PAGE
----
The largest of the company’s two lounges at McCarran is in Terminal 3, which hosts international travelers. The Club at LAS location there takes up about 6,000 feet and its list of free amenities includes shower facilities.

The room features wood styling and glass accents. A long barlike seating area runs the length of the largest of the three rooms — the remaining two rooms feature cozy table-and-chair seating — and a bar runs along one wall.

The food and snack menu on a recent Monday included soups, cheeses, ramen, a salad bar with prepared salads and vegetables and dip, pastries and fruit, sandwiches (tuna salad, egg salad, turkey and provolone, ham and Swiss on rye), hummus and pita bread, cakes, several varieties of flavored popcorn and beverages that included coffee and tea.

TV monitors and flight information displays are positioned around the lounge, while a counter holds complimentary copies of USA Today and the British papers The Sun on Sunday, The Sunday Times and iWeekend. Guests gather into small groups to talk or sit alone to read, doze in chairs or dine at the long bar, and murmered conversations can be heard in at least three languages.

Kristin Greenfield is returning to Seattle after a trip that saw her fly to Las Vegas and then drive to St. George, Utah. She didn’t pay the day price but, rather, gained access to the lounge as a member of Alaska Airlines’ customer loyalty program.

“It’s a little more quiet,” Greenfield says. “You can have a little snack and you can recharge your phone very easily. And, for me, something that’s really important is, this lounge has two showers that you can use. Sometimes, I backpack and I need to have a shower, and this is really great for that. They give you a towel and soap and everything.”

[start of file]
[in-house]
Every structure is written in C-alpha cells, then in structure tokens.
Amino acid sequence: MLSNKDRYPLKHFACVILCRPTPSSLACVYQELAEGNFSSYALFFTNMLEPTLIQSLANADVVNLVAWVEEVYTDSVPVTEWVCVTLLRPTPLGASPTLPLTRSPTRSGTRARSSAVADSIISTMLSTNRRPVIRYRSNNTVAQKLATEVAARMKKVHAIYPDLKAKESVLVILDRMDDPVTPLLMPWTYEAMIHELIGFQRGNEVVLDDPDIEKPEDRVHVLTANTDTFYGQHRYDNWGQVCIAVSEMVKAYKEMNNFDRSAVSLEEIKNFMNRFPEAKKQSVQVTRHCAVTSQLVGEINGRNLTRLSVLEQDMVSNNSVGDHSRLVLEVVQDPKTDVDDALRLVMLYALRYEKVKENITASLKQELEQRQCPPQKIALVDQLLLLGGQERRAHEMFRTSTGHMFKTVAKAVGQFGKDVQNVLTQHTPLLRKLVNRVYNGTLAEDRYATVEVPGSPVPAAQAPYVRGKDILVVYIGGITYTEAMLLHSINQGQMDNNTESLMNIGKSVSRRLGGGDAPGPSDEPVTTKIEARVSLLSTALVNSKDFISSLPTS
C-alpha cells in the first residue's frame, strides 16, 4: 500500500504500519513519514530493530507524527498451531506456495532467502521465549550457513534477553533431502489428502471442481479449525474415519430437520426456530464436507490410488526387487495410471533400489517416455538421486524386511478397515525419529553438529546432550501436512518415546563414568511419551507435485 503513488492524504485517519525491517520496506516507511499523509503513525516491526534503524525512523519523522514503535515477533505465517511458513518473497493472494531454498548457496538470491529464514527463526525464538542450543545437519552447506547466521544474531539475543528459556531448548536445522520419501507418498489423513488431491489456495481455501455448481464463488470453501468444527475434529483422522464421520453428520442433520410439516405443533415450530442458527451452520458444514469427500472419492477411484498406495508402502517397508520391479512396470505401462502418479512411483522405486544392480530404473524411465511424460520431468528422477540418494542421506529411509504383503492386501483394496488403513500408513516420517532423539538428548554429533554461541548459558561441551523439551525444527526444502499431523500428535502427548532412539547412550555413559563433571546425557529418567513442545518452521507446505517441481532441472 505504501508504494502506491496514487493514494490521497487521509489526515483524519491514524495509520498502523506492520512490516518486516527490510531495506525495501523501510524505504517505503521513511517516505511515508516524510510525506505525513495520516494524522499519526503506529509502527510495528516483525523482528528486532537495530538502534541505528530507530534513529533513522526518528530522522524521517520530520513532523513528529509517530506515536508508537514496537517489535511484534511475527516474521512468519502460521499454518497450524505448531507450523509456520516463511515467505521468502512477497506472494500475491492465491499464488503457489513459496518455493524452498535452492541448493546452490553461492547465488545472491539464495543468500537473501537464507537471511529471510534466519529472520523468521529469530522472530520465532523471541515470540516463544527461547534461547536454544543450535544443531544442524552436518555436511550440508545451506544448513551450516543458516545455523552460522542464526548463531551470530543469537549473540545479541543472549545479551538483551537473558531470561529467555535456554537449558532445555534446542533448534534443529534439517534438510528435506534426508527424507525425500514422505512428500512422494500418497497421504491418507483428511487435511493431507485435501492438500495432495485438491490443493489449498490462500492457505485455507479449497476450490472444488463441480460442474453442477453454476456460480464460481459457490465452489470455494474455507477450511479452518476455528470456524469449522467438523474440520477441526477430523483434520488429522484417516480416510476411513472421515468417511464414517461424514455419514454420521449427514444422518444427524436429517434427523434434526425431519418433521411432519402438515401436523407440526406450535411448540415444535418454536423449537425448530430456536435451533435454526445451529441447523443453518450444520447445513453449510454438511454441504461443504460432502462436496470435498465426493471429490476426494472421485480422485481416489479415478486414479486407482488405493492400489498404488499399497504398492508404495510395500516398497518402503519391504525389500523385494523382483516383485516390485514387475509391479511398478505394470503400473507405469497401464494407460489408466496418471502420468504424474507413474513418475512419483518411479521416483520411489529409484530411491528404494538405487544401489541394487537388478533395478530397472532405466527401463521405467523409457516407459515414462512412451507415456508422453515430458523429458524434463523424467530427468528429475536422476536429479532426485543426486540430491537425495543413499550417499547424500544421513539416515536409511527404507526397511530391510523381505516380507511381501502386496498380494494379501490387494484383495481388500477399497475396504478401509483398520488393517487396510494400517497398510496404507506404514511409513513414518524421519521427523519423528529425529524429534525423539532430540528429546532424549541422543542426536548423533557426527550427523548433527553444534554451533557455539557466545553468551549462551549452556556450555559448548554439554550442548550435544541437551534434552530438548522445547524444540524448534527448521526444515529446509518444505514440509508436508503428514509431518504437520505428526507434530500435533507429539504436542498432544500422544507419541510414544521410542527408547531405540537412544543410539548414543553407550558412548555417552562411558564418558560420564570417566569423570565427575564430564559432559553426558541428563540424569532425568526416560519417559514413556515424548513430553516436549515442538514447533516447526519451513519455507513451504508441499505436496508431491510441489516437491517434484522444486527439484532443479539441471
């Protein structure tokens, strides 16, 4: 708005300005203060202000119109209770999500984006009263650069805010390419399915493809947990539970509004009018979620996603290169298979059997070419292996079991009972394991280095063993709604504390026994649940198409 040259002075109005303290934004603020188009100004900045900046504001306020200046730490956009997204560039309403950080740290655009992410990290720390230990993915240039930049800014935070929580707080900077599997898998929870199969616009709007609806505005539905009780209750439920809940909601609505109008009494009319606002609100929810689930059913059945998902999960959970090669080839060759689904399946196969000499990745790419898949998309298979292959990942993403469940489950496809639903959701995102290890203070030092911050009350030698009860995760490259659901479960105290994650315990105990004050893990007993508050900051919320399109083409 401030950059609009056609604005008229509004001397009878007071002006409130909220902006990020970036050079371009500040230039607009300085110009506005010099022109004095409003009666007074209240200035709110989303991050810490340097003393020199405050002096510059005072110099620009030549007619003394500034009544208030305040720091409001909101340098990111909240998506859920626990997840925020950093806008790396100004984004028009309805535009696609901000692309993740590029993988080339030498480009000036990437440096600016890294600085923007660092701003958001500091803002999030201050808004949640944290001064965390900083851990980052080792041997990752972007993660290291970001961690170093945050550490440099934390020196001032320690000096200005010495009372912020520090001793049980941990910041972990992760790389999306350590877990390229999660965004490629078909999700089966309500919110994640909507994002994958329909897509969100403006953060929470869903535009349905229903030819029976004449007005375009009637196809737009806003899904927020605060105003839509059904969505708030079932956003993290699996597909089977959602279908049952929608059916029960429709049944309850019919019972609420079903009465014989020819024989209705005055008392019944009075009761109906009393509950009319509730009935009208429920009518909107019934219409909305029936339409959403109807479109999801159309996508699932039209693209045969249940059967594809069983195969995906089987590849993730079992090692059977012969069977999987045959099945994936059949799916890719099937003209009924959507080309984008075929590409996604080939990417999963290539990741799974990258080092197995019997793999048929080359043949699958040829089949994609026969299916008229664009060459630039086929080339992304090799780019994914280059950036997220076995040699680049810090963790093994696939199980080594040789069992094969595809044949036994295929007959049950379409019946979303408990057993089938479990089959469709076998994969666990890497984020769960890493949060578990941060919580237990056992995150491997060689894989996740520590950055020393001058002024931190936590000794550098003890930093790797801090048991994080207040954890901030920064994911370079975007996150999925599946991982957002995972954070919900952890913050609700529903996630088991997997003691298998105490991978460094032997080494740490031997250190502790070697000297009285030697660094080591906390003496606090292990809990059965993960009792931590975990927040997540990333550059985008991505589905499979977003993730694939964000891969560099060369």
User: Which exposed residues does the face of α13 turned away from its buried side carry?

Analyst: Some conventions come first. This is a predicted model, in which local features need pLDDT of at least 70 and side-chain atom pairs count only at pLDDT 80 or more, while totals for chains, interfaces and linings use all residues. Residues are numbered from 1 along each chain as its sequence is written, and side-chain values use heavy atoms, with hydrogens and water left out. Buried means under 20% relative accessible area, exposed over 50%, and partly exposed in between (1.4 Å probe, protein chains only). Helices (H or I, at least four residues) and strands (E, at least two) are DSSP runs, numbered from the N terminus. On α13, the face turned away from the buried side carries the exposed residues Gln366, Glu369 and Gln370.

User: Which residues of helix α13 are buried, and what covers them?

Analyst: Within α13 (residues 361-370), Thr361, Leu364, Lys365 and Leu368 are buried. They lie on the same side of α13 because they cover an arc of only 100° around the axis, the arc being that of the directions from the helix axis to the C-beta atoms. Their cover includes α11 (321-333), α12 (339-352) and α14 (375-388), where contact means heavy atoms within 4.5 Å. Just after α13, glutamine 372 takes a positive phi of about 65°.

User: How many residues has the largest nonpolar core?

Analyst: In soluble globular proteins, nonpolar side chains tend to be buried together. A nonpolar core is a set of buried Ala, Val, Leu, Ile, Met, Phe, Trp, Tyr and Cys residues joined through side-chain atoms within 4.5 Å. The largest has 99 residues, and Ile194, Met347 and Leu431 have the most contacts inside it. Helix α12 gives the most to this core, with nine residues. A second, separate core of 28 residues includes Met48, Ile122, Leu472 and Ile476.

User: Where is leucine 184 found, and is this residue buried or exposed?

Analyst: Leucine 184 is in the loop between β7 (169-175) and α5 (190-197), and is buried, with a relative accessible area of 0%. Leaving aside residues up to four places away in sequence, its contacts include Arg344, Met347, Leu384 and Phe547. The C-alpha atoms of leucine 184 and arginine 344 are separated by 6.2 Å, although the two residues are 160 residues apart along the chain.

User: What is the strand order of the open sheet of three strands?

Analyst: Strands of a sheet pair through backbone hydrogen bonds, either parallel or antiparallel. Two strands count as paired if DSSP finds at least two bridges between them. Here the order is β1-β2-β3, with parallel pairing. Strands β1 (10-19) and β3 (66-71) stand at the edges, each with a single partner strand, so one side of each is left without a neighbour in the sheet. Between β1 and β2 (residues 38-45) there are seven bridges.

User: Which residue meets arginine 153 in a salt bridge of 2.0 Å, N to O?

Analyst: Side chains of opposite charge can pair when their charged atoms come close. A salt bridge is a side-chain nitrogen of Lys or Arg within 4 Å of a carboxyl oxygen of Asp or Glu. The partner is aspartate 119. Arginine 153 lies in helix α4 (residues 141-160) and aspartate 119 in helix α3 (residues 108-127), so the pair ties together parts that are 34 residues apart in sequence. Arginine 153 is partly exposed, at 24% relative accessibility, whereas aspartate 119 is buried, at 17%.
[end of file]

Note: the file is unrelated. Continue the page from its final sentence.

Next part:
Sitting at the main table bar is Alison Russell, CEO of International Airport Review, a British publication. She’s not here on business, although, she says, “I do like to check airport lounges when I’m passing through.”

“This one is very different,” she says. “It’s a really nice atmosphere, and comfortable. And I like that bar in the middle.”

Russell says whiling away preboarding time in a lounge is “something that I do enjoy. It makes a huge difference when you can sit in a quiet space.”

Airport Lounge Development also operates a smaller, second lounge at McCarran’s D gates. There are no showers there, and the menu of complimentary food and drink is shorter, but the room offers the same sense of secluded, cozy quiet.

Although traditional lounges — upscale places with upscale food and drink and upscale amenities that are available to an airline’s most upscale travelers — still can be found everywhere, Knipp says the shared-use concept has taken off since the company introduced it in the U.S. about 10 years ago.

Just about every international airport “has some type of shared lounge. It’s very common internationally,” Knipp adds. “But in the U.S., lounges, over the years, have really been dominated by the U.S. carriers.”

That more traditional airport lounge model can be found at McCarran with the United Club, in Concourse D, with entry restricted to United Airlines customers. Meanwhile, American Express cardholders can visit the Centurion Lounge in Concourse D, which is free for Platinum and Centurion cardholders, although $50 day passes are available to holders of other American Express cards.